8. This assumes the memory allocated for a struct in Rust is sequential (for reference). It also assumes that x.f and x.g aren't explicitly scoped pointers but rather tranlate into an operation on the pointer x at a low level (they aren't represented in the assertions).
9. Obviously this depends on your perspective and how complex the code is that uses the pointer. That is, it may be exceptionally hard to get the memory freed properly as result of passing around pointers in which case the compiler might be extremely valuable when writing the Rust equivalent.

30 Apr 2013

#### Tags

I'd like to thank the good folks at js.la for putting on a great meetup and having me out to participate. You can see the slides at http://johnbender.us/presentation-cs-foibles.

NOTE: The larger format presented on the Vimeo site itself might be better viewing.

07 Feb 2013

#### Tags

System F and its variants are used frequently in the study of typed computation and an extended form, System FC, plays an important role in GHC's compilation process [1]. This post will attempt to translate the grammars of the Lambda Calculus, Simply Typed Lambda Calculus, and finally System F into a small subset of CoffeeScript while covering the basics of application and abstraction in each. Hopefully, through studying the basics here, readers who are interested in learning more about type theory and the lambda calculi will feel a little less intimidated by the notation and concepts.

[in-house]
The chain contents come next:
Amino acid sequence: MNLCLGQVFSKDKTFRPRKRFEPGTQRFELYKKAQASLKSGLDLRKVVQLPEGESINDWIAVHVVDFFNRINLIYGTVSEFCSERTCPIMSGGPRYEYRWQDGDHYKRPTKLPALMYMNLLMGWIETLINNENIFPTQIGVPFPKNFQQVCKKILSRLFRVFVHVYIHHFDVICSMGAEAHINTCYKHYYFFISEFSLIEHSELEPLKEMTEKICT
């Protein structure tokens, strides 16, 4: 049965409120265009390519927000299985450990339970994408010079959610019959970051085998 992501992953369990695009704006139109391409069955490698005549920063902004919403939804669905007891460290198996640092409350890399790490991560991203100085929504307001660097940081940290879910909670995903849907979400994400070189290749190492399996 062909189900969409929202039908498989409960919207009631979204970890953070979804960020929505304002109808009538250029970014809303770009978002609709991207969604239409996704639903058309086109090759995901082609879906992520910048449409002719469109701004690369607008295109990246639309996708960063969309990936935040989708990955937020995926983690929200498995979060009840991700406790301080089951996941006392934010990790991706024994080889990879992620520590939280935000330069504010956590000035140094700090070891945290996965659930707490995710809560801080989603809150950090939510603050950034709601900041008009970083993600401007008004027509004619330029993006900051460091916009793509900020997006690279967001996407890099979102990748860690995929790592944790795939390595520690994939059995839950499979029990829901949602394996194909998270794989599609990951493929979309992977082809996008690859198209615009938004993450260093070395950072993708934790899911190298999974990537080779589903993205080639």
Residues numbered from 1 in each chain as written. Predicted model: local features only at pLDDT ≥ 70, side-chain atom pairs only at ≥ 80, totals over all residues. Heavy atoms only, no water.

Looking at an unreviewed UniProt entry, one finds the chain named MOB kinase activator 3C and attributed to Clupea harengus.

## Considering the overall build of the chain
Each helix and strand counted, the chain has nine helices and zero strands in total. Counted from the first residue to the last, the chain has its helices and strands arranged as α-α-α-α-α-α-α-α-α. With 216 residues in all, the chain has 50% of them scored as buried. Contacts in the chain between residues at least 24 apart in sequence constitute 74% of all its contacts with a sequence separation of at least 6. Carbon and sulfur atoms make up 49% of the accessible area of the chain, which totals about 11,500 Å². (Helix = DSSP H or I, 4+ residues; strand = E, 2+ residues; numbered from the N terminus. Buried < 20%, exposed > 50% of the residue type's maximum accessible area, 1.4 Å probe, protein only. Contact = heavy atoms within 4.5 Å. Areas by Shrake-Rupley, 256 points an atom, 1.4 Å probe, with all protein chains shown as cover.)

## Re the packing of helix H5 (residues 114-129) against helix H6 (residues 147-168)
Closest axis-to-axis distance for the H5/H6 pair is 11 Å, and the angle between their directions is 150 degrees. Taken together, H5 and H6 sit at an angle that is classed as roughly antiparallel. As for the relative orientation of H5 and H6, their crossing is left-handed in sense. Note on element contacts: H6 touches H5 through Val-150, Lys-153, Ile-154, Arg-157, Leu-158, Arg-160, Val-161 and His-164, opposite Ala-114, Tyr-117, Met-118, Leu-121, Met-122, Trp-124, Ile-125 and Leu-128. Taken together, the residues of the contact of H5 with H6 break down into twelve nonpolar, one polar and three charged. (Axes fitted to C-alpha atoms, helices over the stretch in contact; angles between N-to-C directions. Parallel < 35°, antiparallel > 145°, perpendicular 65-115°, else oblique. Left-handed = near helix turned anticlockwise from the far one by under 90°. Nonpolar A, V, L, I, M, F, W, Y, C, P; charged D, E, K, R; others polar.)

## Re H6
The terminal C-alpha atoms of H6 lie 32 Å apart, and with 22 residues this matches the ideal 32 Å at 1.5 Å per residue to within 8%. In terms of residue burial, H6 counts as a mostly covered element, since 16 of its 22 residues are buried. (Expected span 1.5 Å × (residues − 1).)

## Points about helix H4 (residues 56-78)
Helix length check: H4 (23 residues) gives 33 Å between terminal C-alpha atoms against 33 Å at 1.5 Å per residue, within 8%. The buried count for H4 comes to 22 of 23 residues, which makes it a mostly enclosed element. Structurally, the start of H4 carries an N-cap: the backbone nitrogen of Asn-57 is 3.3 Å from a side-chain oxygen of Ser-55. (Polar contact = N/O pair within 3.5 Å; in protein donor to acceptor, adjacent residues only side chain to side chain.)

## Lambda Calculus

Representing the Lambda Calculus only requires a small subset of CoffeeScript's total syntax. Let's define both grammars side by side.

In both cases x represents a variable and t t represents application of one term to another. The only real difference is the lambda abstraction syntax (red).

In the Lambda Calculus, abstraction involves preceding or wrapping a term t with λx.t which captures or binds the variable x inside the term t. In the example t is λx.y, using the abstraction λy.t creates a new term λy.λx.y (otherwise known as the K-combinator). Note that the x in λx.t shown in the grammar could be any variable like y or z.

In CoffeeScript we can do that same thing with the term (x) -> y by applying the CoffeeScript version of abstraction, yielding (y) -> (x) -> y.